The (small number of) ardent climate-change environmental activists I follow on Twitter were not expecting Barack Obama to say a word about Keystone XL today.
In Washington at a Maclean’s-CPAC shindig in February, I suggested Obama’s inauguration-day mention of “executive action” against climate change might include his decision on the Keystone XL project, among other actions. The smart people on the stage — ambassador Gary Doer, former US embassy official Scotty Greenwood — told me I was being silly, and frankly had me convinced it was so.
And yet today in Washington, as he outlined the executive actions he plans, Obama included tough language on Keystone: no approval if Keystone contributes “significantly” to carbon emissions.
There will now be much parsing. The State Department report, which seemed to clear Keystone, will be dissected, as will the EPA response, which was less encouraging for Keystone’s proponents. But I’m struck by three things.
First, to repeat: Obama did not have to say a word about Keystone today, and even the Canadian activists who are most eager for him to stop the pipeline did not expect him to. He raised the question.
Second, his language was not friendly. He used the term “tar sands,” one the advocates of Canada’s bitumen sector have long argued is, by itself, biased against the “oil sands.” The argument can been made, has been made, will be made again in the days ahead that Keystone is no more a contributor to carbon emissions than an apple crate makes apples. But today Obama was sounding like those activists, including Al Gore, who do the math another way. This government likes to make fun of Al Gore as often as possible. Oh well.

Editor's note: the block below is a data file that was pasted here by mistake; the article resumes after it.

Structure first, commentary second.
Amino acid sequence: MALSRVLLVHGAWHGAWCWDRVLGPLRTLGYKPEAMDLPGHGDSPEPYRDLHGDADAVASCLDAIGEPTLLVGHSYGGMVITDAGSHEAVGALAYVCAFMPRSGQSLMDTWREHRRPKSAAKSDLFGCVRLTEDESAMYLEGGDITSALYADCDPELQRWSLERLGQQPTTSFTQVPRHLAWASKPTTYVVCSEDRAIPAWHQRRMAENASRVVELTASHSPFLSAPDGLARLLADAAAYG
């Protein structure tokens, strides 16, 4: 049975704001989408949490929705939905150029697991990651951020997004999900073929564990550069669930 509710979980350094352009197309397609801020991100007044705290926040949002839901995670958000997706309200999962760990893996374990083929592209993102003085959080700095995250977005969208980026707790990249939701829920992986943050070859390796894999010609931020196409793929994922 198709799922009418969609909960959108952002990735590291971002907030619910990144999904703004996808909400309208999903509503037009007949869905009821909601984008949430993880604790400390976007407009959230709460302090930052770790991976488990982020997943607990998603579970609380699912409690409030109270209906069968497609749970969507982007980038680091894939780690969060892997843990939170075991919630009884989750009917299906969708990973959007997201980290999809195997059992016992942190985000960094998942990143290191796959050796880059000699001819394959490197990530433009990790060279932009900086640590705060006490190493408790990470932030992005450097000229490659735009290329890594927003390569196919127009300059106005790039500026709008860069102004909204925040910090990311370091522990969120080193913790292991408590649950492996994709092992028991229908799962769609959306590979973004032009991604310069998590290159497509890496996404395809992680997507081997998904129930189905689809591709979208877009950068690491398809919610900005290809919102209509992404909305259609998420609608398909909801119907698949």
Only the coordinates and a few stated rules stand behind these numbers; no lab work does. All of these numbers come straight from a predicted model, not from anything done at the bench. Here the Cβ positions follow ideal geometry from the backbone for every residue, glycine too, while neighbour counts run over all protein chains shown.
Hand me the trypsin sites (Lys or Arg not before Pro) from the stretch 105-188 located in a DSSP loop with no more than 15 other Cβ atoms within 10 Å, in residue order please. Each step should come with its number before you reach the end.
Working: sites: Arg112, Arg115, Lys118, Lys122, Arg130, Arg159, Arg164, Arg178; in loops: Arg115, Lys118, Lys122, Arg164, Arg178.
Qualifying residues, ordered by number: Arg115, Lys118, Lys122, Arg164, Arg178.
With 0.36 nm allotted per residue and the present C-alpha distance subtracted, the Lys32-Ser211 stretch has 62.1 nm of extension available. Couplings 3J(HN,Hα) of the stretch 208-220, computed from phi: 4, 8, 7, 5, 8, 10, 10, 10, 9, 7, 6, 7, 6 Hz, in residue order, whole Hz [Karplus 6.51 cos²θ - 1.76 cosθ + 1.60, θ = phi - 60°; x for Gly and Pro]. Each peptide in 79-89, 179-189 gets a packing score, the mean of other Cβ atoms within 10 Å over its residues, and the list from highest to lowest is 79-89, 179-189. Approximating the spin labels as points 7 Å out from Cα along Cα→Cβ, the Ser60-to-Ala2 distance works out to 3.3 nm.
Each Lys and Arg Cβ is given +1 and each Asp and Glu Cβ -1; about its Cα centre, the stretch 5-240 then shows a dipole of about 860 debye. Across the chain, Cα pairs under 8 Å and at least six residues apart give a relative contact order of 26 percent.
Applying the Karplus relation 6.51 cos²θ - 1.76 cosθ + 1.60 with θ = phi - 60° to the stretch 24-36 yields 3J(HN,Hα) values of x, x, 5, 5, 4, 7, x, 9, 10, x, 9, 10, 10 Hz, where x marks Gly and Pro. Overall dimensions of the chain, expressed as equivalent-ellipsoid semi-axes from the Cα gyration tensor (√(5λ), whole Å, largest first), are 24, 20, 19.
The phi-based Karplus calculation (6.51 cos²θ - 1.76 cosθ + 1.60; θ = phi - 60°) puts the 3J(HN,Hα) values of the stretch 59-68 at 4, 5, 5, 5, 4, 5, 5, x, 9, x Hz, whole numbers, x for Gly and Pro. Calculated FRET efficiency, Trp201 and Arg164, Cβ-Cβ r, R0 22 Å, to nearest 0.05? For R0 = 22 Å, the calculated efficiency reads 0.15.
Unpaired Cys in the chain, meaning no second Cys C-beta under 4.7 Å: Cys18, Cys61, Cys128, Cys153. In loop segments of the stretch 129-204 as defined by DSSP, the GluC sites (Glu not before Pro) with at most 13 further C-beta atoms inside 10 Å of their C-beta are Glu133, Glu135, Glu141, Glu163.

Third, by making Keystone about carbon, Obama changes the question. The approval process until now has focused mostly on the integrity of the pipeline, the route chosen, the threat to the Ogallala aquifer, and so on. It was possible to have a pretty good debate about the merits of the pipeline without even mentioning that it would carry hydrocarbons prepared in a greenhouse-intensive manner. But now Obama has put that consideration at the centre of the decision.
Is this elaborate staging as Obama prepares to approve Keystone? Maybe. But the easiest way to approve it would be with as little fanfare as possible, and that’s not what we saw today.
What can the Harper government do? Perhaps this: Obama said the pipeline’s “net” contribution to carbon emissions would be critical to a decision. Demonstrating that Keystone-related emissions are offset by an aggressive program of carbon emission reductions would meet that test. It needn’t even mean a carbon tax, although it seems pretty clear that if Harper had implemented one of those or a meaningful cap-and-trade system in 2009, Keystone’s chances would today be significantly improved. Regulations with teeth would help too. So far that’s not going well.
Or Harper might prefer to take the loss, the better to portray the oil-sands industry as a victim of global nanny-statism at the next election. This would be the equivalent of his make-lemonade-from-lemons decision to brag, frequently, about how the United Nations didn’t deserve Canada on its Security Council.
But if the prime minister wants Keystone approved, I’m starting to think the government’s Go With Canada website, awesome as it is, won’t cut it.